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World War I

German WWI submarine discovered off Belgian coast

Authorities in Flanders called it the "best preserved" find from the era. The bodies of all 23 crew members were found aboard the vessel, in a watery grave on the floor of the North Sea.

Belgian authorities announced on Tuesday that they had discovered the remarkably well-preserved wreck of a World War I German submarine, commonly called a U-boat, off the coast of West Flanders.

"It's quite amazing that we found something like this," Western Flanders Governor Carl Decaluwe told the Associated Press, calling the find "very unique."

"The impact damage was at the front, but the submarine remains closed and there are 23 people still onboard."

Read also: Wreck of WWII ship Indianapolis found in Pacific, 72 years later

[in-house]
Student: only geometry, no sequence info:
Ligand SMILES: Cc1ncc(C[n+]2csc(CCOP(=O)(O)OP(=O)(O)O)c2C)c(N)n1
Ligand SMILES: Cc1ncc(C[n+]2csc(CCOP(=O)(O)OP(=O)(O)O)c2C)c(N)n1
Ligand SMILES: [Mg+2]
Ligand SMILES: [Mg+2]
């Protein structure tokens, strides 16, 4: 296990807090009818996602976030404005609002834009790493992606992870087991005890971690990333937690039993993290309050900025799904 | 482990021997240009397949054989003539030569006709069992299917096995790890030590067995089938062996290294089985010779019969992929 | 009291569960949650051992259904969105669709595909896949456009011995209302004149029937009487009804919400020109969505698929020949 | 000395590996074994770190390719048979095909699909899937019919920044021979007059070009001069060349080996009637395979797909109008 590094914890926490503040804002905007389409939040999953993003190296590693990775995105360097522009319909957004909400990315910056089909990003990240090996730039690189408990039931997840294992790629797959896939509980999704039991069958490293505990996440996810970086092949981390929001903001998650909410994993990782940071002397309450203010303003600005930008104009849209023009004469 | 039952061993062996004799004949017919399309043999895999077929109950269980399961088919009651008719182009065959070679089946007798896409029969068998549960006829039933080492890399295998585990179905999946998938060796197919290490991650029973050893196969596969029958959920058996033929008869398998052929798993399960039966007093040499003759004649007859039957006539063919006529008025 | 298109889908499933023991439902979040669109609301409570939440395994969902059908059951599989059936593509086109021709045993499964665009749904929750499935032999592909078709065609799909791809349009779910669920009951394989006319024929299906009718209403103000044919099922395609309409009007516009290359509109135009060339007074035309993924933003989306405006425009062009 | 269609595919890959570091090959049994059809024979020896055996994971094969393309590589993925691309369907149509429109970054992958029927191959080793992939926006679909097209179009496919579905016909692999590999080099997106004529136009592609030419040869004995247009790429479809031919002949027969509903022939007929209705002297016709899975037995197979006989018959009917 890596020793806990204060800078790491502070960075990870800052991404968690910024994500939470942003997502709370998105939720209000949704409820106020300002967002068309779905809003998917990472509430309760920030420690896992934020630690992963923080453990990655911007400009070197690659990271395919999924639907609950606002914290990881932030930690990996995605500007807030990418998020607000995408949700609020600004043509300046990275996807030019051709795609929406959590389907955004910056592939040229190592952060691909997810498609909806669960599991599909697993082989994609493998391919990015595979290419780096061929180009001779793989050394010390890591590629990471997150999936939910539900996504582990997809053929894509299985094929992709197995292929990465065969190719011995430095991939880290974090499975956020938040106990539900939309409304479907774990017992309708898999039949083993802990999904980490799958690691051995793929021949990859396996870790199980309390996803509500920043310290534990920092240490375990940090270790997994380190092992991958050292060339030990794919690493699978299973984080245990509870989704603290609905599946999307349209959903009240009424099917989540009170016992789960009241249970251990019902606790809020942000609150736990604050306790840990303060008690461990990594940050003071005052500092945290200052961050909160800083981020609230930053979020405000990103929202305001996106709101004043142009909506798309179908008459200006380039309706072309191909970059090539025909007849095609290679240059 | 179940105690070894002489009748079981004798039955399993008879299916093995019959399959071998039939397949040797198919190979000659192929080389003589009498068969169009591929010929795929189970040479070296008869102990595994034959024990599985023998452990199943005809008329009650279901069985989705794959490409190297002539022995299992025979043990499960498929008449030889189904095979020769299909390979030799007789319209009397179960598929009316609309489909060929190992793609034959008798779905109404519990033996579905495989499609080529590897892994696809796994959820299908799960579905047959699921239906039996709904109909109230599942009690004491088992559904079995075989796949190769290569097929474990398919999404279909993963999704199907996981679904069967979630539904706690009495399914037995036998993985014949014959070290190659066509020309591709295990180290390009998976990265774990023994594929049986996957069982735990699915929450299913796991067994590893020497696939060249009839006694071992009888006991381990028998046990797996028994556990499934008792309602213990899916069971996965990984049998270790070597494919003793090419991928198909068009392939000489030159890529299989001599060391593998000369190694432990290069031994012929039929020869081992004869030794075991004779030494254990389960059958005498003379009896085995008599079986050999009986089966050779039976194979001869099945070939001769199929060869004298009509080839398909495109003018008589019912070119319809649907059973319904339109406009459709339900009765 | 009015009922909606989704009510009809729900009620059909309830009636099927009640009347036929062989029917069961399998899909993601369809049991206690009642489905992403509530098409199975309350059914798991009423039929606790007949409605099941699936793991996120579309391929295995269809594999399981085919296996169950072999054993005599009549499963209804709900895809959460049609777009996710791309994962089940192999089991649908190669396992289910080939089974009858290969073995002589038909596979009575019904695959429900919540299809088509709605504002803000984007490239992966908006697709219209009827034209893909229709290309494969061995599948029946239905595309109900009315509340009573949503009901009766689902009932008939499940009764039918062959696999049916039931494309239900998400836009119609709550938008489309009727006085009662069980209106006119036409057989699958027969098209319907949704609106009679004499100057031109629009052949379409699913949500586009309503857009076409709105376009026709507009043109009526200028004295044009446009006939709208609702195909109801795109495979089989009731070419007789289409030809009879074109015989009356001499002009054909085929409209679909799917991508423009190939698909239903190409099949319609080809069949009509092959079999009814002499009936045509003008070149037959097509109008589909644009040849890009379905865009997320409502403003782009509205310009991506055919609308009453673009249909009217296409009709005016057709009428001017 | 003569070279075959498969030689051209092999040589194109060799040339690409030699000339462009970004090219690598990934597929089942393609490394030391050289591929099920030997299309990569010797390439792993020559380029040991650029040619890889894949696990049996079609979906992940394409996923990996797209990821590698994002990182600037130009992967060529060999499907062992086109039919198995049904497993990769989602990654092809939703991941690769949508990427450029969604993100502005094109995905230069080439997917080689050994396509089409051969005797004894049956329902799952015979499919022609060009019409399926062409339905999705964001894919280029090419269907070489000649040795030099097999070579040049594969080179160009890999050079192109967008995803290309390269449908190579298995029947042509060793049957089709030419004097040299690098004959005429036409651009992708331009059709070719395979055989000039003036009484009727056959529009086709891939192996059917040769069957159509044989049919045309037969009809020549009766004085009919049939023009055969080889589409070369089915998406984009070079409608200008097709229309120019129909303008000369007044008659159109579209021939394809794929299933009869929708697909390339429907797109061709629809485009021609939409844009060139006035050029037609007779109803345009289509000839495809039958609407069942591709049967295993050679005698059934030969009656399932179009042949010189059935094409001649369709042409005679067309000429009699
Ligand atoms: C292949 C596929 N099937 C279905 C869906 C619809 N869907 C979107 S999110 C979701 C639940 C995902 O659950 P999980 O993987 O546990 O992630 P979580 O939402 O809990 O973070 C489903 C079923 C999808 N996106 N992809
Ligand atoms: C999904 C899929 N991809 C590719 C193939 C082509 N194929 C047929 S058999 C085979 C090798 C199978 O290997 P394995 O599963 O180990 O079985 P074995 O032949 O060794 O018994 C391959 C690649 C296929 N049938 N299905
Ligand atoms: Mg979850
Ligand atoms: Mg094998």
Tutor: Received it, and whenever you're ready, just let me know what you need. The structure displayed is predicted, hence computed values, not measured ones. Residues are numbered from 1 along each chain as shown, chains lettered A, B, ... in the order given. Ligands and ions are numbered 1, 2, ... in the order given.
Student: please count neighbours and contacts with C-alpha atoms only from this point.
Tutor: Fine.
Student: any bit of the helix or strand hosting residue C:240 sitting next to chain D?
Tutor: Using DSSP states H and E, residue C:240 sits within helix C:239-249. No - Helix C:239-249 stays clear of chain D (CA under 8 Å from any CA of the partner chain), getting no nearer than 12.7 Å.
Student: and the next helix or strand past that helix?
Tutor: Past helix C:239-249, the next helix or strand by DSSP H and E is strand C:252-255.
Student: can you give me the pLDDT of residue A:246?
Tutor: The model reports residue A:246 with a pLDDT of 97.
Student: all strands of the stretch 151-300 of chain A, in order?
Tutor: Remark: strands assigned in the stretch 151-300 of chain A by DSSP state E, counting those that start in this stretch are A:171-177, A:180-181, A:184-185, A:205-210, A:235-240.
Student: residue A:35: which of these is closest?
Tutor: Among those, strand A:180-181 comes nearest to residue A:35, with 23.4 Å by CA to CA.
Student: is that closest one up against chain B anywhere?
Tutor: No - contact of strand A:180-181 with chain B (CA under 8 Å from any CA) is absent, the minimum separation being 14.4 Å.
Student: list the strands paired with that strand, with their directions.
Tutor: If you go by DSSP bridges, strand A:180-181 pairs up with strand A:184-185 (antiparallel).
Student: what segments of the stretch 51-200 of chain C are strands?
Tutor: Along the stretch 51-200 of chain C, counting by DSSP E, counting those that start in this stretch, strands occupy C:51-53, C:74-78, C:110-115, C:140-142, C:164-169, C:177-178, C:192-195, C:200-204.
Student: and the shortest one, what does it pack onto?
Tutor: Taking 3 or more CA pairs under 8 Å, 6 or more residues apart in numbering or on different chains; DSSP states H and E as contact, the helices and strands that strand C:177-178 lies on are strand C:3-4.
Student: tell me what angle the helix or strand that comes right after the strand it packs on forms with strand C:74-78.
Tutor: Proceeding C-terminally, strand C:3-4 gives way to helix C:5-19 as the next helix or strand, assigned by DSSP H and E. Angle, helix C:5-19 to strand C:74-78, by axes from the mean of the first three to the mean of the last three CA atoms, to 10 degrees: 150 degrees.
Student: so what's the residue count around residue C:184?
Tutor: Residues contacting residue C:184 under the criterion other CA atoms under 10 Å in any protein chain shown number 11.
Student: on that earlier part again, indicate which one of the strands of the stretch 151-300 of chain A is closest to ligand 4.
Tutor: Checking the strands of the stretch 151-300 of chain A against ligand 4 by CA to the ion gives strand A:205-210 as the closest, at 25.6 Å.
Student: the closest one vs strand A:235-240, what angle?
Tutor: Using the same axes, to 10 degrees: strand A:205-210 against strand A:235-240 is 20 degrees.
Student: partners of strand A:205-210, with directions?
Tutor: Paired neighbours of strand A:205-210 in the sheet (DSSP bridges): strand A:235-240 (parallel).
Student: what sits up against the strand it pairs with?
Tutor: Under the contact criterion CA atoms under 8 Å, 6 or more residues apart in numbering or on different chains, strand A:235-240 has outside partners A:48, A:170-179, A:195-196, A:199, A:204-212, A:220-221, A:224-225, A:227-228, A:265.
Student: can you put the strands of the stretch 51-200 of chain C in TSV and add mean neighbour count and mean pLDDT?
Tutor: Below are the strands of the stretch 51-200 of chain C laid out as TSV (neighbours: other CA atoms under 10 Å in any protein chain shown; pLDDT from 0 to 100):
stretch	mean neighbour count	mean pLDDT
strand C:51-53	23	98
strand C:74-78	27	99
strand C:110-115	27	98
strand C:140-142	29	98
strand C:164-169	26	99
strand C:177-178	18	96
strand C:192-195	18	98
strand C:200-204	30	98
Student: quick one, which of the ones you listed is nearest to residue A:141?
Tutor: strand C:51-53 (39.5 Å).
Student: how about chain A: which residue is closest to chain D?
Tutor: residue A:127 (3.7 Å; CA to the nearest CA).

The UB II-type submarine was found 25-30 meters (82-98 feet) below the surface on the floor of the North Sea. About 18 such vessels were stationed with the Flanders Flotilla in Bruges between 1915 and 1918 in order to disrupt British trade routes in the English Channel and the North Sea.

Thirteen of the submarines were destroyed, of which authorities have found 11. But, according to the local government, this recent find is the "best preserved" of them all.

Researchers believe that the damage to the front of the vessel indicates that it struck a mine with its upper deck. Governor Decaluwe said he had contacted the German ambassador to Belgium about proper disposal of the sailors' remains.

es/kl (AFP, Reuters)

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